AI Helps Determining Which Papers Can Be Replicated

Sunday, May 10, 2020 - 11:35

Researchers have designed an AI model that aims to determine which papers can be replicated.

As reported by Fortune, a new paper published by a team of researchers from the Kellog School of Management and the Institute of Complex Systems at Northwestern University presents a deep learning model that can potentially determine which studies are likely to be reproducible, and which studies are not.

If the AI system can reliably discriminate between reproducible and non-reproducible studies, it could help universities, research institutes, companies, and other entities filter through thousands of research papers to determine which papers are most likely to be useful and reliable.

The AI systems developed by the Northwestern team doesn’t utilize the type of empirical/statistical evidence that researchers typically use to ascertain the validity of studies. The model actually employs natural language processing techniques to try and quantify the reliability of a paper. The system extracts patterns in the language used by the authors of a paper, finding that some word patterns indicate greater reliability than others.

Researcher and Kellog School of Management Professor Brian Uzzi, explained to Fortune that while he is hopeful that the AI model could someday be used to help researchers ascertain how likely results are to be reproduced, the research team is unsure of the patterns and details their model learned. The fact that machine learning models are often black boxes is a common problem within AI research, but this fact could make other scientists hesitant to utilize the model.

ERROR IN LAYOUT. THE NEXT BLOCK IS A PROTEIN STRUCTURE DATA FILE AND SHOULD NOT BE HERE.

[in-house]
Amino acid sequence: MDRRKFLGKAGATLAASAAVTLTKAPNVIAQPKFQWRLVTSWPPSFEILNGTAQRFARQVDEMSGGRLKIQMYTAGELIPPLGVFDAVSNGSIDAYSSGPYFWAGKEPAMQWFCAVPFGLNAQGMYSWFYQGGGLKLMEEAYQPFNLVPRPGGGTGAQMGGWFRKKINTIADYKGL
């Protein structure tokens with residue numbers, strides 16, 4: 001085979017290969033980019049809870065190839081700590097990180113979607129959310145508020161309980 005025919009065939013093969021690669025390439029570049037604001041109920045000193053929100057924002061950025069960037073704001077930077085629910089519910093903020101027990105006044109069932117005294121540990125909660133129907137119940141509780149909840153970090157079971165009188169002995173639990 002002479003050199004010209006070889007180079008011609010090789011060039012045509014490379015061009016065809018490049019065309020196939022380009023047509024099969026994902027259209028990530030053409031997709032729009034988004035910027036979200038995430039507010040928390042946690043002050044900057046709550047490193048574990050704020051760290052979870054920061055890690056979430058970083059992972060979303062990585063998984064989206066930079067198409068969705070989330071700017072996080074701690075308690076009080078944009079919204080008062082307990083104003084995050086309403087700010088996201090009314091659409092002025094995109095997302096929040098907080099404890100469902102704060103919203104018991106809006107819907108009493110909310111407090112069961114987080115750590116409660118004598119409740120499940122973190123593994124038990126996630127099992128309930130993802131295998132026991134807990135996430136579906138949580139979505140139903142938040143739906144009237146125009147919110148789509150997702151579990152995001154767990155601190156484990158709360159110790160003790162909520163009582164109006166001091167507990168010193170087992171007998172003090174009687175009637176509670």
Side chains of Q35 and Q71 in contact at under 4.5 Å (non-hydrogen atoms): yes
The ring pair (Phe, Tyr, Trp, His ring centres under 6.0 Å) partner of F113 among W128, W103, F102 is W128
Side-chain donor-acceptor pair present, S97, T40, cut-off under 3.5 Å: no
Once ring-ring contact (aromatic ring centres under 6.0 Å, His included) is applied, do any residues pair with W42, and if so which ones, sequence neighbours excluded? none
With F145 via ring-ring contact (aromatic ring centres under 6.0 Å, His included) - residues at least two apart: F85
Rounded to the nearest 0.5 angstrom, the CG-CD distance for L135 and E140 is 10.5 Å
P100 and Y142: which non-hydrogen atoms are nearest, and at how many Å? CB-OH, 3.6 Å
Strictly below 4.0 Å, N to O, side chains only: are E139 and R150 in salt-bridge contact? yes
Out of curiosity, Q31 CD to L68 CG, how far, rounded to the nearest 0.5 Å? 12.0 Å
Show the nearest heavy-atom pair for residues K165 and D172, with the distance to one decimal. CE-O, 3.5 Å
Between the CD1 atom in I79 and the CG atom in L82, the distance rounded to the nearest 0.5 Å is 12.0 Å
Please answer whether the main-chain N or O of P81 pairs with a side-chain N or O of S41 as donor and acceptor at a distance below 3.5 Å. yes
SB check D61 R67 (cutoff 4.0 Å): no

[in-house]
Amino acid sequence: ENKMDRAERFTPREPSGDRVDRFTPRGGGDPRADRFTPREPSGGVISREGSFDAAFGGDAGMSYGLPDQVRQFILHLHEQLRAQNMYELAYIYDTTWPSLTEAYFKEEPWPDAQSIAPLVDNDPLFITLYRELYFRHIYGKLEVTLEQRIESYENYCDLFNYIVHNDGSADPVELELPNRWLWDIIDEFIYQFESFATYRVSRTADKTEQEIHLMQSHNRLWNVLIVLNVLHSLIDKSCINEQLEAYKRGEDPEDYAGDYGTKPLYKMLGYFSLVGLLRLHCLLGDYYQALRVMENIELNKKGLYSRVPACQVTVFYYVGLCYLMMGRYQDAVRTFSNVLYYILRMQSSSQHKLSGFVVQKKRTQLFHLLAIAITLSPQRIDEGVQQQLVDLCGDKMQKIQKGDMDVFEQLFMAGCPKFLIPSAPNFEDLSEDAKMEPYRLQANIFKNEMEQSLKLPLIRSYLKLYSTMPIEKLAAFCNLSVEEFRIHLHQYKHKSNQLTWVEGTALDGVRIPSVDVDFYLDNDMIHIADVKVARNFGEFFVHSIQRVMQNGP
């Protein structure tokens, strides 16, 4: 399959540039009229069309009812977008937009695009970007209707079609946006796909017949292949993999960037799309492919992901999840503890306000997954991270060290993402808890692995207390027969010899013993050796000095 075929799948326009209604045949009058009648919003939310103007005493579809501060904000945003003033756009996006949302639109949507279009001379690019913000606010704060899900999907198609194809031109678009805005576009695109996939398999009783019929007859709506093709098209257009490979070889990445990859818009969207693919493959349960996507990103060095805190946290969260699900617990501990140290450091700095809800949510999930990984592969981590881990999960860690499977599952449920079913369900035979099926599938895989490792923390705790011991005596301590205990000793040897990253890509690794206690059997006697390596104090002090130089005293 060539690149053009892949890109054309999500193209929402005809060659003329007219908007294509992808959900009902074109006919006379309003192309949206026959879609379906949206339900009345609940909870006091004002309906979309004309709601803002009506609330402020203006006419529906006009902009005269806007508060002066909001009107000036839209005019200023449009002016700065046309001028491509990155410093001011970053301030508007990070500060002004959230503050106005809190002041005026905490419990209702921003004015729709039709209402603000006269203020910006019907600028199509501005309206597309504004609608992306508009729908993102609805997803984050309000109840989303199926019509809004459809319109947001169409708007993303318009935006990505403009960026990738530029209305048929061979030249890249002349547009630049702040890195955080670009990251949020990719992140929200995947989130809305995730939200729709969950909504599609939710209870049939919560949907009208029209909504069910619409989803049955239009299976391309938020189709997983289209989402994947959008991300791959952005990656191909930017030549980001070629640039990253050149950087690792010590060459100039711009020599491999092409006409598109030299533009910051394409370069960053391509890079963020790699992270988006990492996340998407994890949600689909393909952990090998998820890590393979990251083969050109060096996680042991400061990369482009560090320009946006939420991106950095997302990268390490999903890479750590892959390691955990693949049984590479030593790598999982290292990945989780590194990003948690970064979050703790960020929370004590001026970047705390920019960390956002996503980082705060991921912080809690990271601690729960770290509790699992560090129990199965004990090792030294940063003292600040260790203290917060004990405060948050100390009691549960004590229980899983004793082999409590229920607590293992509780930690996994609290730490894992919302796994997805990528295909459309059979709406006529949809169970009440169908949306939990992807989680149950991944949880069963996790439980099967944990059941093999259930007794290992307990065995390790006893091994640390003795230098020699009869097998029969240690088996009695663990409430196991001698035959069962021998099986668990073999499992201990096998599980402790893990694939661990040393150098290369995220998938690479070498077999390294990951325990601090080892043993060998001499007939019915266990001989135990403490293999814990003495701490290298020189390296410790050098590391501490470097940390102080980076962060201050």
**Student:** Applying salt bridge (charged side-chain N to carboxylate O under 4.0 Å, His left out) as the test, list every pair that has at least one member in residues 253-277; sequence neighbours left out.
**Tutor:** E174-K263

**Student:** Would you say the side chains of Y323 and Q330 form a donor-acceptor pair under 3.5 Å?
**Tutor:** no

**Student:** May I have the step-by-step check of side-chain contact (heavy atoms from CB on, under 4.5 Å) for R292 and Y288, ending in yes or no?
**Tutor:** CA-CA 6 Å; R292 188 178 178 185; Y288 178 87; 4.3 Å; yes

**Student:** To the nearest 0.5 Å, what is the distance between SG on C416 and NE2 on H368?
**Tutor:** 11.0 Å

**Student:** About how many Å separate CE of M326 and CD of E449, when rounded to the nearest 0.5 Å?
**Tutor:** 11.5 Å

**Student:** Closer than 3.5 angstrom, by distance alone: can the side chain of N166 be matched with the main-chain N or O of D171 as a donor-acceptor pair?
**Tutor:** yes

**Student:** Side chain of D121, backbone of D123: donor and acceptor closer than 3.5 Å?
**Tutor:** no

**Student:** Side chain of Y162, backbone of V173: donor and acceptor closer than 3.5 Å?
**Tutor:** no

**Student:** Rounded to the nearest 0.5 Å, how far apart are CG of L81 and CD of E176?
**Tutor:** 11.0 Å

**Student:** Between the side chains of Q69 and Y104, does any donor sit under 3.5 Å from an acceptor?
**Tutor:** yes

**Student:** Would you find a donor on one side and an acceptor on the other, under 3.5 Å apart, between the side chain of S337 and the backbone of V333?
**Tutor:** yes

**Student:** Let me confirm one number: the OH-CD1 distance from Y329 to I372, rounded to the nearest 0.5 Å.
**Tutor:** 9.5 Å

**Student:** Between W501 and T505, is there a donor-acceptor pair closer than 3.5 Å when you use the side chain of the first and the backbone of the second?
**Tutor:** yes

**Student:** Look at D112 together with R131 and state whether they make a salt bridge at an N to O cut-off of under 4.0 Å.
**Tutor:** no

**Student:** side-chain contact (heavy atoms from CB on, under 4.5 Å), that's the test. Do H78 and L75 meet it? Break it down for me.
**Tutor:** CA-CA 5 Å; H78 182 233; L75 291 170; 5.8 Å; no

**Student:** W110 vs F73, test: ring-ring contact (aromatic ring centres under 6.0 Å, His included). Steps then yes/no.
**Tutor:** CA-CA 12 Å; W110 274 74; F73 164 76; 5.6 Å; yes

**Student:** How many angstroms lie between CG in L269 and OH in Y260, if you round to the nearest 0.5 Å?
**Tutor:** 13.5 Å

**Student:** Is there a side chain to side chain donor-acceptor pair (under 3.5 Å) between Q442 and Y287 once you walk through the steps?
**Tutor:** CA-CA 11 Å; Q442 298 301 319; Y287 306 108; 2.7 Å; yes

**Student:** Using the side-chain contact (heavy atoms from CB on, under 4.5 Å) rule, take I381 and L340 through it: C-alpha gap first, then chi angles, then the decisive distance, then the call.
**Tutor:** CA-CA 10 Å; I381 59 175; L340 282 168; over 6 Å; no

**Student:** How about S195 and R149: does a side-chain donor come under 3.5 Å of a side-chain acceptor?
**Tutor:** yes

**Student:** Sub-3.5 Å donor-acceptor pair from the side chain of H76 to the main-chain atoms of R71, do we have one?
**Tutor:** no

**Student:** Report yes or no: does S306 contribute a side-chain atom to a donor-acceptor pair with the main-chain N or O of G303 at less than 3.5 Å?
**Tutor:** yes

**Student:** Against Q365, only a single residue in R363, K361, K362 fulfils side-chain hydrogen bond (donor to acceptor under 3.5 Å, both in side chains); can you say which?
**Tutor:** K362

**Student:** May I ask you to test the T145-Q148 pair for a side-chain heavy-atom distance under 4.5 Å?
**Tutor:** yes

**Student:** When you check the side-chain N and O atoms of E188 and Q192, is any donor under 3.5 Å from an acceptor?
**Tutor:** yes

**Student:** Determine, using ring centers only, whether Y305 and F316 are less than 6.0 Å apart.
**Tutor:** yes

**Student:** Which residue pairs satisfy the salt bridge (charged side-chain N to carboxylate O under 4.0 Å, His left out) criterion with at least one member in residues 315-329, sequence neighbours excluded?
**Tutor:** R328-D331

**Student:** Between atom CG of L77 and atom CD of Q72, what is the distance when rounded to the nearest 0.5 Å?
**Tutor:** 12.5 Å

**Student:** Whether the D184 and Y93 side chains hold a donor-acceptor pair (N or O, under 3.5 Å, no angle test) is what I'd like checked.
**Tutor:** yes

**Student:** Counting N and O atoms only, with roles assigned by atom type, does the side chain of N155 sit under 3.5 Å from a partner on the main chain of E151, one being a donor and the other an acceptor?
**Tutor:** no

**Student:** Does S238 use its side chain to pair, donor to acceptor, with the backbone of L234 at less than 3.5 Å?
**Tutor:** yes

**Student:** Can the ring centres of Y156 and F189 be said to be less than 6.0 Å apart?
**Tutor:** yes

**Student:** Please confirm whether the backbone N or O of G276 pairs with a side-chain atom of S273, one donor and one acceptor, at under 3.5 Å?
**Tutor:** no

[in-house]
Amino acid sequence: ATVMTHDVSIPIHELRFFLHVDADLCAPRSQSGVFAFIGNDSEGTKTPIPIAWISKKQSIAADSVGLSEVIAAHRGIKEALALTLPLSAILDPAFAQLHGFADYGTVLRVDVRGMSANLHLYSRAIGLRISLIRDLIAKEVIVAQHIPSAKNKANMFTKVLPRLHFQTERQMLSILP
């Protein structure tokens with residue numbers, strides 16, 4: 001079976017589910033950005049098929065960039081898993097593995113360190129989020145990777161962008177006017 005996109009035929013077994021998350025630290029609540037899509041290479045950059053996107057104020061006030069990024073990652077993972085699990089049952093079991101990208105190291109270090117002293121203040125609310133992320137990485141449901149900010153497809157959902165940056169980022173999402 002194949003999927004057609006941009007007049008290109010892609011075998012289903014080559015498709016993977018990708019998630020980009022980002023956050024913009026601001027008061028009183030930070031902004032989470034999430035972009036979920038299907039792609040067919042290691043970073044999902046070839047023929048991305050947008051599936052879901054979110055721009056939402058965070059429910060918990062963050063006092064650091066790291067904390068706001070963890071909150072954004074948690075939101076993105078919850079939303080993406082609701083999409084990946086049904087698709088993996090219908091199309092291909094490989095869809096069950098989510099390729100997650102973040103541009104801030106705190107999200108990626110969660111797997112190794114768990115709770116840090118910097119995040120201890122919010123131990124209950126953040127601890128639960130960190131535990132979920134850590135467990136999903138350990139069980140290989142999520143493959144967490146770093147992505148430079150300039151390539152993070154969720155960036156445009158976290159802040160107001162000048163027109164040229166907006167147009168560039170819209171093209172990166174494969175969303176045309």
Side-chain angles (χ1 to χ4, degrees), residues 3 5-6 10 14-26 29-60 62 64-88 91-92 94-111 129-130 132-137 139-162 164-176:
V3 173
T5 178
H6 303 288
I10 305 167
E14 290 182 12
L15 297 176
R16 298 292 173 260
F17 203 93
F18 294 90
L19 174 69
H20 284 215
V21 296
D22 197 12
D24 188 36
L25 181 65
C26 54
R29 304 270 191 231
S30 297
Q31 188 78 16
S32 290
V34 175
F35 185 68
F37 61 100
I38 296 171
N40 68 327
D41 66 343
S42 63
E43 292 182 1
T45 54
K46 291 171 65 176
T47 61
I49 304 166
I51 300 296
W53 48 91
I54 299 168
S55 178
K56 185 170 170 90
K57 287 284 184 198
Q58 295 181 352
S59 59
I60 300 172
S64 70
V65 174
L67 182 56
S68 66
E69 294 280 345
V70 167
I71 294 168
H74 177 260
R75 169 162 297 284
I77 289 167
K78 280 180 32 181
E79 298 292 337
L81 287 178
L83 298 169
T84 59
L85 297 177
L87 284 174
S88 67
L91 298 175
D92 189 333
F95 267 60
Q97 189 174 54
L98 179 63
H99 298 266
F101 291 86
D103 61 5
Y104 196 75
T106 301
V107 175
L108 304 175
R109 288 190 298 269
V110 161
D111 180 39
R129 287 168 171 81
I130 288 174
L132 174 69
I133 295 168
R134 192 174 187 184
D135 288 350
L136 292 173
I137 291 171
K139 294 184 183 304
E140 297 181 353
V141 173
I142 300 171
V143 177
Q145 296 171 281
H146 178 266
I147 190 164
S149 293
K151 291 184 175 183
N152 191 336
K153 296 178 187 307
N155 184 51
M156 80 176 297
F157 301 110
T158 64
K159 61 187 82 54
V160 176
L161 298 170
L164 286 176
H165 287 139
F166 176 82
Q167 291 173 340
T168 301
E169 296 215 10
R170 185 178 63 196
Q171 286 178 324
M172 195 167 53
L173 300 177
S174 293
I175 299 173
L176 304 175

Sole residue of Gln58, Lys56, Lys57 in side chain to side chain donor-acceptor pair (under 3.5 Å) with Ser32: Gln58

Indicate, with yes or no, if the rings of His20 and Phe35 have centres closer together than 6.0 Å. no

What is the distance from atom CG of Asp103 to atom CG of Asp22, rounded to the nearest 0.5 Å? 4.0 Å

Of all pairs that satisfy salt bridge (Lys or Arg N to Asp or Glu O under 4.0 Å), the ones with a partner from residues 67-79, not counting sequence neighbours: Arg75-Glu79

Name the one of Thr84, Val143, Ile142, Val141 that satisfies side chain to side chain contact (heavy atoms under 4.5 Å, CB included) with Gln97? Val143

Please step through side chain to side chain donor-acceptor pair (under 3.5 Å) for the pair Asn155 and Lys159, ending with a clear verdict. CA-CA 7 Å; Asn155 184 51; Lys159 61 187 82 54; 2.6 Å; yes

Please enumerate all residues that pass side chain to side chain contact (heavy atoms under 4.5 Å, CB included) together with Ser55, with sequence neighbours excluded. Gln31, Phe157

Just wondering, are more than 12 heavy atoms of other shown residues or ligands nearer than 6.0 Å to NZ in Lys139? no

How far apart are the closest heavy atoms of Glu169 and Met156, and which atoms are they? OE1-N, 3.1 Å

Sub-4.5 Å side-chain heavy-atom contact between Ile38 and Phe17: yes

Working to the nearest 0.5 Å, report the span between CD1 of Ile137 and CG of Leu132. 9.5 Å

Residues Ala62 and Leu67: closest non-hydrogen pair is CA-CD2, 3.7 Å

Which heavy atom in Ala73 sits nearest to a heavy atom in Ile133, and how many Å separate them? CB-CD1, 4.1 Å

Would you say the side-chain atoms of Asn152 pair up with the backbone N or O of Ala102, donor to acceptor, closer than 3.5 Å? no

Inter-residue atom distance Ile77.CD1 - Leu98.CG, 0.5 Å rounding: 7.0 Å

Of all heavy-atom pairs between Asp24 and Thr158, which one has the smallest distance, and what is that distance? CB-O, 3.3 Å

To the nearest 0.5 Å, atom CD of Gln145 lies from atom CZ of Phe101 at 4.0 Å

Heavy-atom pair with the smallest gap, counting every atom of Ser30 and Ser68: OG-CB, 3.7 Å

“We want to begin to apply this to the COVID issue—an issue right now where a lot of things are becoming lax, and we need to build on a very strong foundation of prior work. It’s unclear what prior work is going to be replicated or not and we don’t have time for replications.”

Uzzi and the other researchers are hoping to improve the model by making use of further natural language processing techniques, including techniques that the team created to analyze call transcripts regarding corporate earnings. The research team has already built a database of approximately 30,000 call transcripts that they will analyze for clues. If the team can build a successful model, they might be able to convince analysts and investors to use the tool, which could pave the way for other innovative uses for the model and its techniques.

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